With all this in place, we were ready to do our first-ever capacity test. A full capacity battery would be around 24 kWh if you used every ounce of energy in that battery. We do not run our battery in this manner. In order to extend the life (according to a few white-papers as much as 10X longer life) and well being of this battery, we have assigned fairly conservative values to "fully charged" and "fully discharged". In the Nissan Leaf, the chemistry is known as Lithium Manganese Oxide (LiMn2O4 with LiNiO2). It is known to have an operating voltage from 4.2V to around 2.5 Volts. Any Voltage higher than 4.2 Volts or lower than 2.5 Volts will damage the battery. We run the battery well inside of those extremes with a max cell Voltage of 4.06 and a minimum cell voltage of 3.2 Volts. While this is better for the battery, it of course comes at the cost of "usable capacity". It is well known that Nissan also does this and limits the car's "usable capacity" to somewhere in the 20 kWh range. With our numbers being even more conservative than those applied by Nissan, we estimated that we should be able to get somewhere in the neighborhood of 17-18 kWh of actual capacity. If it were a brand new battery with no degradation.


We thought for a while about what might be the most accurate way to test the capacity of the battery. We decided that if we let our battery drain all the way down to 3.2 Volts per cell (~44.8V for the pack or 3.2 Volts for any individual cell) and then charge it back up to 100% with shore power, we could get a very good feel for what our full capacity might be. On the testing day, we simply turned off the breaker to our solar panels, turned off the output breaker from the charge controller, and we were running on the battery for the rest of the day. Our system had already seen some pretty heavy usage that week so we were already down to about 82% battery capacity when we started the test. Fortunately, on that day we were welding some metal, using the air compressor, 2HP table saw, grinders, and a 6hp shop vac. It was still fairly warm in Phoenix so we also had a couple of air conditioners going during the day. By the time we were ready to go home, the battery was starting to run really low.

As the battery was depleting, we discovered that the "crashing to 2%" behavior was actually due to BMS low voltage setting that was incorrectly assigned to 3.4V, so we adjusted that to be 3.2 Volts and started the system back up. That was good news that we found a setting causing the SOC issue. However, we still needed to know the full capacity of our battery in order to have accurate SOC reporting. We continued to draw down the battery, and about 50 minutes later we had our first cell hit 3.2 Volts and the system dropped again to 2% indicated capacity. This was good enough for us. We shut down the system and drove the bus home to be charged from shore power.


We let the bus charge back up ensuring that the new meter we bought indicated 0 Ah of battery capacity. We have our system set up so that it respects the charging parameters set forth by the REC-BMS. This is a custom curve that is supposed to be much more gentle on the battery - restricting the Amps allowed to charge the battery as it reaches full capacity. As a result, the charging does take a little longer. I was hoping to see the battery reach 100% before I went to bed, but when I went to check it at 2:00 am it was still trickling in a charge.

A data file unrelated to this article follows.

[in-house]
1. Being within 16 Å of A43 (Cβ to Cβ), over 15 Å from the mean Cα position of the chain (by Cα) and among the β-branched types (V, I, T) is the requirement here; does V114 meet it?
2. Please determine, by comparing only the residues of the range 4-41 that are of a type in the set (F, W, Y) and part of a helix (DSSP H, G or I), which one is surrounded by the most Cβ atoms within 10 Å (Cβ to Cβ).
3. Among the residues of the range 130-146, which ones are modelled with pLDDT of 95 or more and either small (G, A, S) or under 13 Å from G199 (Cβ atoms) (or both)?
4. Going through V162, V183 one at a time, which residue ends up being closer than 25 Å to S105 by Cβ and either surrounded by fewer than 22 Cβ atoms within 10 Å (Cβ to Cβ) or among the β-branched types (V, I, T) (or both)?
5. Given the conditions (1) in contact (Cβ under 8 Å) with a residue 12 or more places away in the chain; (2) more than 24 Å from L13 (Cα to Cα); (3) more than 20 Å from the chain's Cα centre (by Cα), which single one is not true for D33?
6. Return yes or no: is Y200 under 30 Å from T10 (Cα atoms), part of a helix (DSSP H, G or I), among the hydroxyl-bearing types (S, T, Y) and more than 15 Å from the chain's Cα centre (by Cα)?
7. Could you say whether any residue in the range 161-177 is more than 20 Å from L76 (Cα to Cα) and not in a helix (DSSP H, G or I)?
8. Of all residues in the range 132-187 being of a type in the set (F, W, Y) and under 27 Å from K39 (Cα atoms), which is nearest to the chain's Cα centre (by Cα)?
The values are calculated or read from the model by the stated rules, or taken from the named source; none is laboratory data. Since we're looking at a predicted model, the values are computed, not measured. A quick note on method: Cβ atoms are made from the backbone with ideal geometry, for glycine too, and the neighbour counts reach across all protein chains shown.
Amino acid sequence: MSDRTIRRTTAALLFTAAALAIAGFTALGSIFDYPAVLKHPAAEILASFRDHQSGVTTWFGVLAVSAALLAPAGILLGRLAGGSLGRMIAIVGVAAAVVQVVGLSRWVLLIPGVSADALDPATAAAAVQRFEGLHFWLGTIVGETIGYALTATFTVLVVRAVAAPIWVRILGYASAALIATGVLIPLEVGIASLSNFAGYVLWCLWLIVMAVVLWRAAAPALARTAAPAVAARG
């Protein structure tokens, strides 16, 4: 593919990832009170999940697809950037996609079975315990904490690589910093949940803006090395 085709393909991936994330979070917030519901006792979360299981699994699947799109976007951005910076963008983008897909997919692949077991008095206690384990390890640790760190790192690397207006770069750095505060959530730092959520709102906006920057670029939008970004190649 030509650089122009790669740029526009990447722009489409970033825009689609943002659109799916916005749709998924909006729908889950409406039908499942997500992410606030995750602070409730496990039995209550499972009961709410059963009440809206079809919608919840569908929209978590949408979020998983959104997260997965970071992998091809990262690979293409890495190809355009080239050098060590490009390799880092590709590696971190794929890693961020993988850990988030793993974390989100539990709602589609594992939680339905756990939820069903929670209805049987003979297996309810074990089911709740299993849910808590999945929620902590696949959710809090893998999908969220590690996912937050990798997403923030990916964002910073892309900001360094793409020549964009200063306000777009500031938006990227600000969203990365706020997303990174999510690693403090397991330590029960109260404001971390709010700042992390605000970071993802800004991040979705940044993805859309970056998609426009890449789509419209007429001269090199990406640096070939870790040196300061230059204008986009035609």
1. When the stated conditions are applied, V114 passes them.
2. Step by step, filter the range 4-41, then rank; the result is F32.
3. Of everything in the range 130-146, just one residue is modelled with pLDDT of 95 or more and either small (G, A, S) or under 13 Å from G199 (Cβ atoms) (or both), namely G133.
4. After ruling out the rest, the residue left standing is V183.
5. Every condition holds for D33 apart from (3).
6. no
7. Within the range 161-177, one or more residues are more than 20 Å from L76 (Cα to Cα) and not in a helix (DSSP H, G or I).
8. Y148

When we got up the next morning the battery meter was reading 100%. As we had witnessed previously, it had charged according to the algorithm until it reached about 70%, then it shot up 100%. Once at 100% the system stabilized. When we read the meter, it indicated that 275 Ah had been put back in the battery. Finally, we knew what the usable capacity of our system is. When we do the math that puts us at about (275 Ah * 3.8 V * 14 cells) = 14.63 kWh of usable capacity. For reference, this is about the same as 12 Battle Born Batteries (100Ah * 12V * 12 batteries = 14,400 kWh), or if I was using Lead-Acid batteries about the same as roughly 2300 Ah of capacity (using the common 50% max discharge recommendation).

So, what does this mean for us? 14.63 kWh is definitely less than the 17-18kWh we would expect if this was a brand new battery. This is a 7-year old battery that had 30,000 miles in a car and three years as our house battery, working hard in the Arizona desert. Clearly, there has been some degradation in those seven years. Truly, though, it is not bad news. The system is plenty for us, as evidenced by how hard we have made it work all summer. Now, with the new information, we can have an accurate representation of our battery capacity in our settings. After getting this number for the real capacity (not an assumed 17-18kWh), we were able to manually change the setting for the capacity in our BMS. Since then, we have seen much smoother representations of our SOC, and we no longer have to guess if our numbers are correct. We know 90% is 90%, 50% is 50%, etc.

In the end, knowing that our battery, all the connections, bus bars, etc. are in good health, plus knowing the true capacity and having more accurate readings gives us greater peace of mind, knowing that we are good to go moving forward.

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Supplies and Tools we used